Friday Night Reflections: Groundhog Day

| About: SPDR S&P (SPY)


In the immortal words of the great Bill Murray, "Well, it's Groundhog Day... again."

Just look at Friday. Yet another senseless tragedy in Europe, and we closed green. As for the VIX, you might as well just "mark it zero Smokey."

This market needs "a good hard slap in the face."

In the immortal words of the great Bill Murray, "Well, it's Groundhog Day... again."

If you haven't seen Groundhog Day, you've committed a crime of omission that I suggest you rectify at your earliest convenience.

In the film, Murray, who plays an arrogant weatherman, finds himself reliving the same day over and over and nothing he does can stop it. He even tries committing suicide. Nothing works. As he tells Andie MacDowell in one famous scene, "I didn't just survive a wreck, I wasn't just blown up yesterday, I have been stabbed, shot, poisoned, frozen, hung, electrocuted, and burned. I am a god."

That's a lot like this market (NYSEARCA:SPY). We wake up every single day to the same headlines and the same commentary ("wake up boys, you're playing yesterday's tape") and no matter what happens, the rally continues.

This market didn't just survive Brexit, it wasn't just hit with $27 oil in January, it's been stabbed with the collapse of the US shale complex, shot by an increasingly poisonous geopolitical landscape, frozen by a Turkish military coup, and burned by an epic devaluation of the Chinese yuan. Nothing doing. This market is a God.

Just look at Friday. Yet another senseless tragedy in Europe, and we closed green. As for the VIX (NYSEARCA:VXX), you might as well just "mark it zero Smokey."

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Consider the following from Goldman which earlier this month said exactly what I said above only in a way that's not nearly as fun to read:

On July 3, 2014, the VIX hit 10.3, S&P 500 atm implied volatility was 8 and cross asset volatility levels hit record lows. Average VIX levels for 2014 were 14.2, the low so far this cycle. Fast forward two years and markets have witnessed an historic energy swing, China devaluation, U.S. recession concerns and Brexit, yet the options market is currently pricing options below 2014 average levels. S&P 500 implied volatility levels are back near cycle lows not only for shorter-dated 1m options but across maturities. Low vol may be an opportunity for investors. For investors who want additional upside exposure, S&P 500 1m otm calls look attractive at a sub- 10 vol. For hedgers, skew has collapsed as investors have rolled off hedges and 1m otm puts are back near cycle lows.

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Crazy, right?

It's all the same narrative: don't fight the central banks. Thursday's Kuroda tape bomb was proof positive that this isn't going to change any time soon. When you wake up each morning, the only thing that matters in terms of overseas markets is what BoJ officials did or didn't say, whether China did or didn't intervene, and whether any ECB officials said anything of substance. "Wake up wood-chuck-chuckers, it's Groundhog Day!"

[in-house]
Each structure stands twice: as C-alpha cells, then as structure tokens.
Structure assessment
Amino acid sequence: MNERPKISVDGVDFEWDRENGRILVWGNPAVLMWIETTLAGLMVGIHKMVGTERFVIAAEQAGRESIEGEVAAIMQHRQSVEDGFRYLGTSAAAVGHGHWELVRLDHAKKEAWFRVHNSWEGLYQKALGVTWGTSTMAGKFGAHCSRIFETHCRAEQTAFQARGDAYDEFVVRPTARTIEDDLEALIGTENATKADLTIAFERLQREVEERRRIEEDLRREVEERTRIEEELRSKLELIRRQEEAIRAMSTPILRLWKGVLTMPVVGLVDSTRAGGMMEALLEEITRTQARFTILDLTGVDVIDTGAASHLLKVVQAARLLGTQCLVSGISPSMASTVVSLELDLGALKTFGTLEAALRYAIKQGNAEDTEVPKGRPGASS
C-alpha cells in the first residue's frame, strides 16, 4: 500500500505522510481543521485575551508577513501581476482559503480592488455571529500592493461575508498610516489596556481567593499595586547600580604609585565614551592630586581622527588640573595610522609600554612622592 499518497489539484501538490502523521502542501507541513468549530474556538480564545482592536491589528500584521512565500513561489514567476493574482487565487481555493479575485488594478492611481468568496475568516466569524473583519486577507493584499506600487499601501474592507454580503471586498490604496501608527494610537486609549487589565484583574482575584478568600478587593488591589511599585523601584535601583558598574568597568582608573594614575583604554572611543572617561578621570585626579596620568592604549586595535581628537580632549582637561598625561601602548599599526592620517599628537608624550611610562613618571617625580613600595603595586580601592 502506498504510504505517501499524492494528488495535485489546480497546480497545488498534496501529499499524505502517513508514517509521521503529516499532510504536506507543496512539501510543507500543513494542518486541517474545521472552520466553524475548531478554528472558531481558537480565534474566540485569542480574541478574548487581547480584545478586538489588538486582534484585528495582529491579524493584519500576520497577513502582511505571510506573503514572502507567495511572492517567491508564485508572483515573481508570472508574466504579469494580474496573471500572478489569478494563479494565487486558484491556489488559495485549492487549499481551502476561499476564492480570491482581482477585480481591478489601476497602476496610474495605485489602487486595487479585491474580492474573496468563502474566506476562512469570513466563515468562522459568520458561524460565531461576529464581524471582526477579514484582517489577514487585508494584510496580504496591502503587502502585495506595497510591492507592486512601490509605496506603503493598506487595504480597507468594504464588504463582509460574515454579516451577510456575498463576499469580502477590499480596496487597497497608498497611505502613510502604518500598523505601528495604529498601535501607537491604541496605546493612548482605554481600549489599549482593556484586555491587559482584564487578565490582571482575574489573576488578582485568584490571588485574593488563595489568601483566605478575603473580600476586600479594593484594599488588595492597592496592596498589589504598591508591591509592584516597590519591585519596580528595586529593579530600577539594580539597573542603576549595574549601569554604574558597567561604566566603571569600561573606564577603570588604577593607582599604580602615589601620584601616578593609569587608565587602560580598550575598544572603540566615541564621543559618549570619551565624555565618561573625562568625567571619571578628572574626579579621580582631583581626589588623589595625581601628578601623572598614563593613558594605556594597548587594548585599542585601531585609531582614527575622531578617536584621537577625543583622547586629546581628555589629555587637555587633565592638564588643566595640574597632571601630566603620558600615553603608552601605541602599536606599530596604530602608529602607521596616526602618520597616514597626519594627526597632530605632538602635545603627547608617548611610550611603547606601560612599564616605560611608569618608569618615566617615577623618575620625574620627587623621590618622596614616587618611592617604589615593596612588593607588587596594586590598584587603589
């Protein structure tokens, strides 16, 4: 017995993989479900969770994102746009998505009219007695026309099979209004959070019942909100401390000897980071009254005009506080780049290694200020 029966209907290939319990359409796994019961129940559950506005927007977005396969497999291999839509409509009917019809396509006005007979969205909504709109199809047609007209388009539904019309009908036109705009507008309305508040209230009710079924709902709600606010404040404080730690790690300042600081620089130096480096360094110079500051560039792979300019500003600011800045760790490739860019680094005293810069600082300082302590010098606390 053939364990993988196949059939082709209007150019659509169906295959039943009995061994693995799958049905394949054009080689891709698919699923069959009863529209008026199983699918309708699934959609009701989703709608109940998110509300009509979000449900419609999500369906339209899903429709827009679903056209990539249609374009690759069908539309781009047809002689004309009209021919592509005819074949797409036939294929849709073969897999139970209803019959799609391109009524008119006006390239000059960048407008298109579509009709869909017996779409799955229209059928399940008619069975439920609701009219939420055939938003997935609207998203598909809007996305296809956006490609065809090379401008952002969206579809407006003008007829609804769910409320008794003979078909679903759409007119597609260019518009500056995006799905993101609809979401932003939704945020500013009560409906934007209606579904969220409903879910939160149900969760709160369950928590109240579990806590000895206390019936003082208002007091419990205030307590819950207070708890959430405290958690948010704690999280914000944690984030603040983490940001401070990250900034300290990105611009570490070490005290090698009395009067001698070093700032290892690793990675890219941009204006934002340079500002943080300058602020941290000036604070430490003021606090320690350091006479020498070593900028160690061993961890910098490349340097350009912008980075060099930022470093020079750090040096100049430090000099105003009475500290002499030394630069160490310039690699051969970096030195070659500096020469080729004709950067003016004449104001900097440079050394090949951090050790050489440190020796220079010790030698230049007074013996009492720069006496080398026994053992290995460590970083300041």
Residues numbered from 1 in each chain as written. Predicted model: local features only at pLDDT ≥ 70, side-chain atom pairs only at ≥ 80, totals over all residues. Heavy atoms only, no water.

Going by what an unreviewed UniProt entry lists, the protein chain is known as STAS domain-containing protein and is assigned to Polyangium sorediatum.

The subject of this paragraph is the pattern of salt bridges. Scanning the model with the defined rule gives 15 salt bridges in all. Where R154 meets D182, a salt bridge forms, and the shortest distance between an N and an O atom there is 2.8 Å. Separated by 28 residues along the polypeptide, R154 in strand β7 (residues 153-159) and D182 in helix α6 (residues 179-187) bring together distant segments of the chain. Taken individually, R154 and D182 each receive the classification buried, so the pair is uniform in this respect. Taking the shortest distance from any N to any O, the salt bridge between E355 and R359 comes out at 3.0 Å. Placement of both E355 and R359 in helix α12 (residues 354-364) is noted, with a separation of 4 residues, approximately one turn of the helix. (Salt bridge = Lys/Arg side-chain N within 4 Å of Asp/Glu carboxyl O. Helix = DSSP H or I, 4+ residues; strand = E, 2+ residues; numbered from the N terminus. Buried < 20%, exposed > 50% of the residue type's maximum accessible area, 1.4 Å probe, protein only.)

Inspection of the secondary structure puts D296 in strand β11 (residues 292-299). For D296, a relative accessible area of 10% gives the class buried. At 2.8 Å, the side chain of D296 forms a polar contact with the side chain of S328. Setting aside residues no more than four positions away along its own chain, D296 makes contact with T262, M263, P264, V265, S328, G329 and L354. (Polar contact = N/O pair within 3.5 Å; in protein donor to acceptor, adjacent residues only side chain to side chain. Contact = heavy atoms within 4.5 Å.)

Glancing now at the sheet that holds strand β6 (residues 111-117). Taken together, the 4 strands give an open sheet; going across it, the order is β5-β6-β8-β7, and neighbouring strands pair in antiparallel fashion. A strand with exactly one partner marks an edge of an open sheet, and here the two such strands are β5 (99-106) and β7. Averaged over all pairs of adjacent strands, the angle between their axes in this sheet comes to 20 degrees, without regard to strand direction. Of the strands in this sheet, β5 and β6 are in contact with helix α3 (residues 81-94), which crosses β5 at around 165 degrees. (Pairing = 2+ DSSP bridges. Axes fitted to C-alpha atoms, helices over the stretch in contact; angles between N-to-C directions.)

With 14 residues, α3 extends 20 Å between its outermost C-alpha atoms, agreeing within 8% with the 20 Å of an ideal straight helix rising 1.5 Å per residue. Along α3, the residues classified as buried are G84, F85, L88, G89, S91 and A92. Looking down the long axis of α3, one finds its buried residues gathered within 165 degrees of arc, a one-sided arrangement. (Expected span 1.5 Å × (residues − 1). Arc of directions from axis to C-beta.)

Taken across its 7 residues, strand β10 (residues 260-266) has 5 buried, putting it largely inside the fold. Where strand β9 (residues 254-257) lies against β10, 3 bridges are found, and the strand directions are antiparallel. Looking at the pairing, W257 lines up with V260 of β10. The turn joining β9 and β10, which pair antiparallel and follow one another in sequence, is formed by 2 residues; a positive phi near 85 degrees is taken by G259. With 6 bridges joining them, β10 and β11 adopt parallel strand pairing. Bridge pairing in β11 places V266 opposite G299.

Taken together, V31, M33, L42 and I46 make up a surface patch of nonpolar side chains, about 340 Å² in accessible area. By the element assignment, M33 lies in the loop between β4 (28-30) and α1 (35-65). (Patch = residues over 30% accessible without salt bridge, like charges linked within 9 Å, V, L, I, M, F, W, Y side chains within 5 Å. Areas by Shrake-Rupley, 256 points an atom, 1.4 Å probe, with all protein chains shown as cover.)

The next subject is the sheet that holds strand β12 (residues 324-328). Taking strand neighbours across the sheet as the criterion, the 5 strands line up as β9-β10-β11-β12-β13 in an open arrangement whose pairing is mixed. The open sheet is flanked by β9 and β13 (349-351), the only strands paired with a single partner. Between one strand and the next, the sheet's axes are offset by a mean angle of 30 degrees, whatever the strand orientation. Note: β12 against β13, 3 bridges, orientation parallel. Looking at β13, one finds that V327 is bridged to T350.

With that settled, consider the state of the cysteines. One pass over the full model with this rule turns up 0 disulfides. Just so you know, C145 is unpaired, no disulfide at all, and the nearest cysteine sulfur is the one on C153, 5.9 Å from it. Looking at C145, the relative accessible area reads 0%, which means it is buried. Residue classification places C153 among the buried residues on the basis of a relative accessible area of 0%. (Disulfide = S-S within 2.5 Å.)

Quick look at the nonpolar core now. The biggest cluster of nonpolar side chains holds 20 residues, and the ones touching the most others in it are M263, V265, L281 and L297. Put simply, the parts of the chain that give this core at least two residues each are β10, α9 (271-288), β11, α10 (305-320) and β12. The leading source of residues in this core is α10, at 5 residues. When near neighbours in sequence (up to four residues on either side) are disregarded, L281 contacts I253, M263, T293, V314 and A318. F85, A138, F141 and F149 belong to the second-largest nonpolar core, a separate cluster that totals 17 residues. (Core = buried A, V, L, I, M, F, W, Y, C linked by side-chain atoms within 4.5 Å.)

Next week, we'll get Yellen and Kuroda. Well, not really. We'll get Kuroda, but this is a "no presser" Fed Wednesday, which basically means it's not a live meeting. If it hiked at a no presser meeting, whatever floor traders are left on Wall Street after the rise of the machines would rent eight Winnebagos and storm the Eccles Building.

There's a full central bank event preview here, but consider the following "inconvenient facts" with which the Fed must cope, via BofAML:

The business cycle is more volatile than they had thought and the risks of deflation and hitting the zero lower bound on rates have risen sharply.

For the first time in the modern era, the Fed goes into the later stages of the business cycle with very low nominal rates. Taking any risk of a recession today would be very dangerous.

The Fed is starting to lose the inflation expectations battle-both surveys and market measures have dropped sharply in the last two years-and restoring them likely requires a period of above-target inflation.

Other central banks are very low on ammunition so the Fed may have to fight the next recession with very little help.

With respect to that last point, I would refer to BofAML's own charts and respectfully ask the following: "where exactly do you see spare ammunition at the Fed?"

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(Charts: BofAML)

This is something I've warned about for quite some time. No one has any counter cyclical breathing room left. In the BoJ and ECB's case, they've gone completely off the reservation. Not only do they have no counter cyclical slack, but also they've got negative slack - both figuratively and literally.

Anyway, as we head into next week I have to say, to continue with the Groundhog Day theme, markets need a "good, hard slap in the face."

Disclosure: I/we have no positions in any stocks mentioned, and no plans to initiate any positions within the next 72 hours.

I wrote this article myself, and it expresses my own opinions. I am not receiving compensation for it (other than from Seeking Alpha). I have no business relationship with any company whose stock is mentioned in this article.